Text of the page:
Calvin enviously wished he could say the same. Though not particularly heavy, he had no muscle to speak of. His skin had a pasty hue from having spent the majority of his life inside. Add glasses to the mix and you’ve got the spitting image of a man whose mind was his greatest- and only- weapon. He wore a light jacket over a long-sleeved shirt, despite the temperate weather. No one had any idea how he’d managed to wind up with Jewel in the first place- he was almost certain he couldn’t pull that trick off a second time, but he was ready to try.

The tinkling of a bell announced her entry. She spied him and walked over. Jewel was dressed in her signature paint-stained jeans and a black t-shirt. Calvin had already pulled her chair out prior to her arrival. She smiled and removed her sunglasses as she sat across from him.

“Hello, Calvin.” Her voice was by no means melodious, but he could listen to it for hours.

“Hi, Jewel.” He realized with abject horror that he had no idea how to conduct such a meeting and fumbled for something to say.

“Thanks for the coffee,” she said, wrapping her hands around the steaming cup in front of her.

“N-no problem,” he chuckled nervously. “Do you still take it the same way you used to?” He paused, then stammered, “No! I mean, take your coffee? Do you like, you know, two creams, one sugar, in your drink, like before?”

She laughed as he blushed. “Yes, I still like it just like I used to.”

“Oh, good!” He breathed a sigh of relief. “Some things never change, huh?”

They stared at each other for a dangerous minute. For a moment, Calvin was sure she’d get up and walk off. He’d come on too strong, he was sure of it. He hadn’t meant to, but some things just slip out. Then again, she wouldn’t have met with him if she didn’t have SOME kind of feeling for him, right? But even so-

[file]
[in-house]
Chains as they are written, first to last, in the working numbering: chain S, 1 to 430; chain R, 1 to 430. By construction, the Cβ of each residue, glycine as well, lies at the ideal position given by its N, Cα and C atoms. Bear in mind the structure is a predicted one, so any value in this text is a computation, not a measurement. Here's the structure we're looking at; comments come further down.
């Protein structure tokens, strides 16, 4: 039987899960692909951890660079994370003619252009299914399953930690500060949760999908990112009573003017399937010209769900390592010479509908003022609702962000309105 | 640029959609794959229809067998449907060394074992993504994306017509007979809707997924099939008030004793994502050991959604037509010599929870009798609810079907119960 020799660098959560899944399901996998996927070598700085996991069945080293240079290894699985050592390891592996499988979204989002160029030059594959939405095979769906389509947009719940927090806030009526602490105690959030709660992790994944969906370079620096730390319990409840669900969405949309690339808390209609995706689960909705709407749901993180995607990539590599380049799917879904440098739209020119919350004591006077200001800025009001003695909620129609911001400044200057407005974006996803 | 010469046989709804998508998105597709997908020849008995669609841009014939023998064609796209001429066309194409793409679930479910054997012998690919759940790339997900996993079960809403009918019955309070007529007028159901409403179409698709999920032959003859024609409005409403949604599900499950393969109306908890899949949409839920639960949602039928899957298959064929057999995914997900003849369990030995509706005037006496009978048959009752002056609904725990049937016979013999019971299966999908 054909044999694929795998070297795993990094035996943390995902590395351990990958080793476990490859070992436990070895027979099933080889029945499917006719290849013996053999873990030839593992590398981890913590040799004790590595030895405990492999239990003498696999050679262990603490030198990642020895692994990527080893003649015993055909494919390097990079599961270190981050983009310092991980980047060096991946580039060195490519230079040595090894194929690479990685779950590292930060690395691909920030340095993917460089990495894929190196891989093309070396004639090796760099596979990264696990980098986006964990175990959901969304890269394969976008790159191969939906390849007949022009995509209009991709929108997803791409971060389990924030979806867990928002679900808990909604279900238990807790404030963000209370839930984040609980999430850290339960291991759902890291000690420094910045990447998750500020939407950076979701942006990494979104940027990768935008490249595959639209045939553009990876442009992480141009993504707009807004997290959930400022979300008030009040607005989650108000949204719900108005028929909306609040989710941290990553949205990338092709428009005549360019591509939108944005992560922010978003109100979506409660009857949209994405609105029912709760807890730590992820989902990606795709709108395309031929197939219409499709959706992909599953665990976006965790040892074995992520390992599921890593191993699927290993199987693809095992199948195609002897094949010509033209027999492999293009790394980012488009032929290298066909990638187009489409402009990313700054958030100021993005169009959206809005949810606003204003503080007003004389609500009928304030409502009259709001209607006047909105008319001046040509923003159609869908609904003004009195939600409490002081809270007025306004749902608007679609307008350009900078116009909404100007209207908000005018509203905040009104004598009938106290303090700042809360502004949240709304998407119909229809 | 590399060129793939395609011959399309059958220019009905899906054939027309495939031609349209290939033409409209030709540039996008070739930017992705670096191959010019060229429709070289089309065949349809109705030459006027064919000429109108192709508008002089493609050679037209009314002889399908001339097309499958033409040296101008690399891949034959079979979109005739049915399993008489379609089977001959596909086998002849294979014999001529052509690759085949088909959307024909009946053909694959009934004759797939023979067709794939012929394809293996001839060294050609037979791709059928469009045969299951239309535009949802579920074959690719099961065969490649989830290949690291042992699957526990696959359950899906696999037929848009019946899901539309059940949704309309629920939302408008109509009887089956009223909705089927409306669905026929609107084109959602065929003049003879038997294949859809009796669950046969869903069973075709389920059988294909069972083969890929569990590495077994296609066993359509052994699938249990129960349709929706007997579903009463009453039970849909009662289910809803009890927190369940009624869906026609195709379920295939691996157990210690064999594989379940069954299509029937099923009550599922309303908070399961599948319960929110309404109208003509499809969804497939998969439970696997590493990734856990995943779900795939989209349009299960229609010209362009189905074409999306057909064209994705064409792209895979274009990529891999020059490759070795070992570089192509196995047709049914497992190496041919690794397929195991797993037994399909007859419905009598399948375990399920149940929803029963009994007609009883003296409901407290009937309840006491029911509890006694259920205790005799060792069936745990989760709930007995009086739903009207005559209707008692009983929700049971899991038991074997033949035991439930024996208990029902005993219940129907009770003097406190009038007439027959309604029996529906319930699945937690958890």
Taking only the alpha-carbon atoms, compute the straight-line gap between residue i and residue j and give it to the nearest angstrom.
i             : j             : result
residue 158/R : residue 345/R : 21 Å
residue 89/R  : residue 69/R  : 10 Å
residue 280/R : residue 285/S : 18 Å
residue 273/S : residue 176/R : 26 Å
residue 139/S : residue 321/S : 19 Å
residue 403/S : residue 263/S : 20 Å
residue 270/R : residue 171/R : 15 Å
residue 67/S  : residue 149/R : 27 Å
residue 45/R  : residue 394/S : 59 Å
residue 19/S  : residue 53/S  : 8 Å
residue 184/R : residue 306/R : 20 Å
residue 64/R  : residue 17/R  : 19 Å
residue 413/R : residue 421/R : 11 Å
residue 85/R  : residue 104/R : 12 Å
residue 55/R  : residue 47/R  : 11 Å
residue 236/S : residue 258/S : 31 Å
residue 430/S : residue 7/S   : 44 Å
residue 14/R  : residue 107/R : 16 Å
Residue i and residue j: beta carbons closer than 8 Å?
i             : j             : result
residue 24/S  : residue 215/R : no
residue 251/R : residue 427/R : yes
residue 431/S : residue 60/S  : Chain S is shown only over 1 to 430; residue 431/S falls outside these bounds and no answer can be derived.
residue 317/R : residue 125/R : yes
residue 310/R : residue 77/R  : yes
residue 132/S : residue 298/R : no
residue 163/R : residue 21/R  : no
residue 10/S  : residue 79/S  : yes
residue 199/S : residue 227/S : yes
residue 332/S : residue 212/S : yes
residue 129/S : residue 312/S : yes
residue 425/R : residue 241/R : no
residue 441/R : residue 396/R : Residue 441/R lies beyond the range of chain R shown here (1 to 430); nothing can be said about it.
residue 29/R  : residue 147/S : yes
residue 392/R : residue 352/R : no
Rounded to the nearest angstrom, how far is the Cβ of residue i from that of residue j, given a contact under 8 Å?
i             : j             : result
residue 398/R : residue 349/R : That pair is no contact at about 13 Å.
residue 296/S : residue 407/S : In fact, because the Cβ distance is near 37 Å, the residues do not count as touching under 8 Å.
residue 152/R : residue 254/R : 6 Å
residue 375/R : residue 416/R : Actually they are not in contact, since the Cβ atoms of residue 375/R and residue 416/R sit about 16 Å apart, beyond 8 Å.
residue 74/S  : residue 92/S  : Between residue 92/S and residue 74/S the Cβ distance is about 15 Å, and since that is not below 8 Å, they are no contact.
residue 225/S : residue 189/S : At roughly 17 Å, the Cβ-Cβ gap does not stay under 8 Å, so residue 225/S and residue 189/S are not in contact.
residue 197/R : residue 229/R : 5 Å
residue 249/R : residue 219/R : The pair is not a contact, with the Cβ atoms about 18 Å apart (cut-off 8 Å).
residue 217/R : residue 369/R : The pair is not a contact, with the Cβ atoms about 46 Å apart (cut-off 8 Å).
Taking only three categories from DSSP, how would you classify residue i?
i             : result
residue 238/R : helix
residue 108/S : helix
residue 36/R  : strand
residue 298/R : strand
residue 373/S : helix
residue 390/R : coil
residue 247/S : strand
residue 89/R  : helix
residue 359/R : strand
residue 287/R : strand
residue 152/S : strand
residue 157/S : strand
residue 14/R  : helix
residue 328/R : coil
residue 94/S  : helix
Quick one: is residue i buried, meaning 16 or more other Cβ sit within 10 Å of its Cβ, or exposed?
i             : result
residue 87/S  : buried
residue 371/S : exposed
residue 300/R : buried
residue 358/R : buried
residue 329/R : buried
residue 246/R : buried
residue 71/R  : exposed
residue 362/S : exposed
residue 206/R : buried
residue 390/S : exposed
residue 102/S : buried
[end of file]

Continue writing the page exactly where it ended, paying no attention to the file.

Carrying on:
“Yeah, some things don’t.” Her voice was almost quiet enough to hide her feelings- but not quiet enough. “…I’m… glad you called, Calvin.”

He gave a half-smile. “I am too. …I guess I have trouble letting go, huh?”

“Sometimes, it’s ok to not let go,” She laid her hand on his, her thumb gently stroking the top of his palm. “How’s work been going?”

“It’s… oh, you know… space. It doesn’t change much, so… Well, actually, the sun has been giving off some strange readings lately, but we’re not sure what they mean yet.”

“Really?” She arched her brow and, to his shock, seemed genuinely interested. “I’d love to hear more.”

“I’d love to tell you,” he stared into the pools of amber and, like a prehistoric mosquito, found himself trapped by their depths. “How… is work, for you?” he managed to whisper. Her perfect lips curved up in an all-too-recognizable expression. Whenever something really, seriously great was happening, her face would inexorably shift to show off an impish grin.

“I’ve actually published two books: my first is on painting with ash, the second is on the human body as a canvas for artistic expression.”

“Painting with ash?” he tilted his head.

“Ash is… often overlooked. It is uniquely beautiful; it’s the remains of something that has perished in flame, but isn’t really a symbol of destruction. It’s a symbol of making way for something new, something greater, that will soon come to be. It’s like with forest fires; those fires only occur so new life can spring up in their wake.”


Walk with me from October 24-31 as I post some of my work in honor of Coffin Hop 2013. Some of this is quite old, some of it not–guess which is which, Traveler. Perhaps a right answer will earn a stroke of fortune for you…

For this tour, I’ll be giving away one signed anthology in which a story of mine has been featured. Which anthology is up to the winner. Keep in mind, I reserve the right to award additional gifts as per Coffin Hop rules. Who knows–if I get a lot of hits, you might see a lot of rewards in the future. Be sure to click the badge at the side of my page and visit the other Hoppers!

On Time